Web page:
[NOTE: It’s not normal for me to wax retrospective on Father’s Day, but every so often I do. 2019 was one of those years. I had begun work on this blog series about my father, Ben Lamplugh, and I asked my siblings for help, emailing my thoughts on Ben as “Dad” for them to read and comment on. This post is the result of that interchange. (For previous installments, see Part I; Part II; Part III; and Part IV.)]
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When they married, on January 12, 1943, Ben Lamplugh was 22, Betts Knighton, 20. When they’d first met, Ben was in the Maryland National Guard, stationed at Fort Meade, in Baltimore, Maryland. By the time they wed, he was about to leave for Fort Bragg, North Carolina, for paratrooper training.
Ben didn’t have much experience with a stable family. [Go here.] He was the third child born to Leroy and Mary Lamplugh, who divorced shortly after Ben’s birth. Because she could not afford to raise her children by herself, Mary placed her two oldest, Bill and Ethel, with relatives, and kept baby “Bennie” with her. Eventually, Mary remarried, to a Harrington, Delaware, farmer, Noble Cahall, a widower with several children of his own. My sister Judy remembers Ben saying he loved his stepfather, yet Ben seems to have moved as a teenager north from Harrington to Newark, Delaware, where he lived with his brother Bill and his sister-in-law Maxine on a farm on the outskirts of town.
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Ben was not afraid of hard work. His post-World War II employment history featured a long series of manual labor jobs, with the fulltime ones coupled with one or more part-time positions. Ben believed, according to Betts, that a husband should be the family breadwinner, so he was not pleased when, in the early 1950s, with their three kids in school, Betts decided to re-enter the workforce. Betts’ income must have been welcomed, but even combined with what Ben brought home, the family’s financial position remained shaky.
Ben took pride in his work and was something of a perfectionist, which didn’t always endear him to co-workers. He built some furniture for our house, not fancy, but sturdy. One of the few times I remember seeing him angry came after we kids were horsing around on a bed he’d built, and it collapsed. When he came home and saw the broken bed, Ben asked us how it had happened, and we tried to convince him that the bed “just broke.” Wrong answer, and our behinds felt Ben’s anger.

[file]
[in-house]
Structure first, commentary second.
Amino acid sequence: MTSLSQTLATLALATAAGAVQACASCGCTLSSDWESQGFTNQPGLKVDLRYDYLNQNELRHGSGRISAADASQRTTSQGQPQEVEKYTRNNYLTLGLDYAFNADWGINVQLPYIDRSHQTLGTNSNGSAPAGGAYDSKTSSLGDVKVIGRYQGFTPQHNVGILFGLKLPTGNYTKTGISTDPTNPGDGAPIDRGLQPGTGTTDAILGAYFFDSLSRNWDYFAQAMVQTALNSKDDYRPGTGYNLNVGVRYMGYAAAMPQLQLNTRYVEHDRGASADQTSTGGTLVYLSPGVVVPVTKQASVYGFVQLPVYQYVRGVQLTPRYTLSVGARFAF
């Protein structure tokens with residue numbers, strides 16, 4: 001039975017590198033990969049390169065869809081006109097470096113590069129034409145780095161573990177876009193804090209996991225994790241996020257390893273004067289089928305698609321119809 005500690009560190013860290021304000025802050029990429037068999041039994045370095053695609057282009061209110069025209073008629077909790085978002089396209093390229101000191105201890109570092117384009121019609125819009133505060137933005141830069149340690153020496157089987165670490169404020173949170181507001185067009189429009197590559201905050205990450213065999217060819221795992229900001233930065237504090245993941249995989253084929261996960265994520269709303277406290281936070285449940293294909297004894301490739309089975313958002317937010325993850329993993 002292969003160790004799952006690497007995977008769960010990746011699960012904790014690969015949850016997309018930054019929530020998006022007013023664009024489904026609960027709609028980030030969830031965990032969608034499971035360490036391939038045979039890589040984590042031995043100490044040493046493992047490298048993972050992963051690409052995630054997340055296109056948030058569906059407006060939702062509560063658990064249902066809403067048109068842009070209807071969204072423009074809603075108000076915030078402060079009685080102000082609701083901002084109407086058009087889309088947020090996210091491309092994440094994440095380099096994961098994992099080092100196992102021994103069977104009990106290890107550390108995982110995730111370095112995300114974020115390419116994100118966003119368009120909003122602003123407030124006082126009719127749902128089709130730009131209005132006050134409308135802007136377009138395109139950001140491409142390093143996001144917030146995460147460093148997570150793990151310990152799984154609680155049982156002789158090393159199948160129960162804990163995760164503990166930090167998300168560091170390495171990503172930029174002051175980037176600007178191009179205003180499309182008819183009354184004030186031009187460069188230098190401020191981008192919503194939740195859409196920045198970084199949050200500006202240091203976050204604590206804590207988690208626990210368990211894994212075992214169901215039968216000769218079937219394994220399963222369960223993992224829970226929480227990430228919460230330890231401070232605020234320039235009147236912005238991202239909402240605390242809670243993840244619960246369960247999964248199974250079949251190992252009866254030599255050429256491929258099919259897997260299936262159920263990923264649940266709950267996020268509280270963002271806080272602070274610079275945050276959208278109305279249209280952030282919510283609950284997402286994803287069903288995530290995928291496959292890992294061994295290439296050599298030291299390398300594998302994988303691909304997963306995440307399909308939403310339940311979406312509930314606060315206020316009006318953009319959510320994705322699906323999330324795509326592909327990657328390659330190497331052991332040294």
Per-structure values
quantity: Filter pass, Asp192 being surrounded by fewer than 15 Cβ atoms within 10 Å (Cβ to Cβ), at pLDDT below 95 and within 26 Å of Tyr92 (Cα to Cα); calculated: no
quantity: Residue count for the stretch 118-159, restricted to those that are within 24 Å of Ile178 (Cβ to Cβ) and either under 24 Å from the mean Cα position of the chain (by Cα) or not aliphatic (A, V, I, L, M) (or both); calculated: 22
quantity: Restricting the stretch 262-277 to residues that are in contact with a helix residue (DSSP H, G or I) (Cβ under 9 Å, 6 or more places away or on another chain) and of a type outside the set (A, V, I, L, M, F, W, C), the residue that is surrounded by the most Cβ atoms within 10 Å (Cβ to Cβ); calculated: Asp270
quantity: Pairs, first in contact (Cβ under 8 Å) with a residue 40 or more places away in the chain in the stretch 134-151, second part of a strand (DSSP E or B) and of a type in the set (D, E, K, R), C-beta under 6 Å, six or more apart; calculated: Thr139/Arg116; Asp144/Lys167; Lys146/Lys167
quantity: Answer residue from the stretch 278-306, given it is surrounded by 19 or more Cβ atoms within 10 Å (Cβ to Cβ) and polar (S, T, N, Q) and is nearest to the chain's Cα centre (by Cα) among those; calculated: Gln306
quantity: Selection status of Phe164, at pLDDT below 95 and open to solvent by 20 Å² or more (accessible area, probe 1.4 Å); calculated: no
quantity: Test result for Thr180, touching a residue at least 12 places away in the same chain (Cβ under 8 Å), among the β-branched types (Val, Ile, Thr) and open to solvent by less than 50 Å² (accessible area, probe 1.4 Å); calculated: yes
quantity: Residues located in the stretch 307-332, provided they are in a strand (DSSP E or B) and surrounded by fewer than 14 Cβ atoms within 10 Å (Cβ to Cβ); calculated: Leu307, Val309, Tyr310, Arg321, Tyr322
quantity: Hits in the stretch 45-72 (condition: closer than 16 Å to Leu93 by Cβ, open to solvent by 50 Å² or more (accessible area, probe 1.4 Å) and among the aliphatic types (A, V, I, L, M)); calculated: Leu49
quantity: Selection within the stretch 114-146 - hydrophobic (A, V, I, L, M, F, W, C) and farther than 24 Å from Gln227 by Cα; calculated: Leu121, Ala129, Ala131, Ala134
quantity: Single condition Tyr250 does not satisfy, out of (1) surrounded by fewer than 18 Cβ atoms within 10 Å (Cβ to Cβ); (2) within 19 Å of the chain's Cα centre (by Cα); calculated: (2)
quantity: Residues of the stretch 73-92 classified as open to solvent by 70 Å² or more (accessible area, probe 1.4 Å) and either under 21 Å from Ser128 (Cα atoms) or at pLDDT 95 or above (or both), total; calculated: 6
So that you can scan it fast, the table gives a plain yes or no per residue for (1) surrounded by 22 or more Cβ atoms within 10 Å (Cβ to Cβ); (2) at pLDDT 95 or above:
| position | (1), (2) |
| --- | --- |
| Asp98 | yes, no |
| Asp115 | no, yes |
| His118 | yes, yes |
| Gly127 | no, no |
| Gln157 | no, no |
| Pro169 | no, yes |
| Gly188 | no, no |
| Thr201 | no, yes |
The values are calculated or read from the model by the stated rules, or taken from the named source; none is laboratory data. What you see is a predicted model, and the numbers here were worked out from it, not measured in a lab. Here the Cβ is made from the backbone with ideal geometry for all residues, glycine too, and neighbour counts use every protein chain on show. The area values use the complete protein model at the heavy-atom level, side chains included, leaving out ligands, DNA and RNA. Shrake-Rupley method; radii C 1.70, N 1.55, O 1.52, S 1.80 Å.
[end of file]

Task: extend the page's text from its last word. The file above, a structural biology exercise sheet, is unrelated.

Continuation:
On another occasion, a neighboring family lived with us for a while, and Ben built two sets of bunk beds for their bedroom. When the neighbors moved back into their own house, Ben had to cut each set of bunks into two single beds to get them out of the room.
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Ben was not much of a disciplinarian. He expected Betts to handle that aspect of parenting, as well as other “wifely duties,” despite her fulltime job. Betts did her best, but sometimes we children misbehaved more than she found acceptable. On those occasions, she warned direly, “Just wait until your father gets home!” And, when Ben arrived, at the end of a long day of manual labor, the last thing he wanted to do was hand out punishment.
Still, Betts insisted that he do something, and Ben did, sort of. He’d take the offender(s) into the bedroom, shut the door, and launch into a series of stern, quite audible admonishments, to which the miscreant(s) would of course promise never to do “it” again. Ben realized that merely yelling would not be enough, so he’d then enact a pantomime of physical punishment (with the bedroom door closed and Betts not in the room), usually “spanking” the bed, the bathtub, or his own body, while the guilty one(s) did their best to cry on cue.
Then there were Ben’s efforts to shape me into a “big brother” of whom Judy and Rick (not to mention Ben himself) could be proud. Judy remembers that, on one occasion, she came home from the playground and complained that some boys had pushed her around, so Ben dispatched Judy and me to the playground to settle things with those bullies. It turned out, though, that Judy had started the trouble herself, because the boys wouldn’t let her play ball with them. Upset that Ben expected me to fight Judy’s battles, especially when the trouble had begun with her, I dragged Judy home and told her that she had better tell Ben I had taken care of business!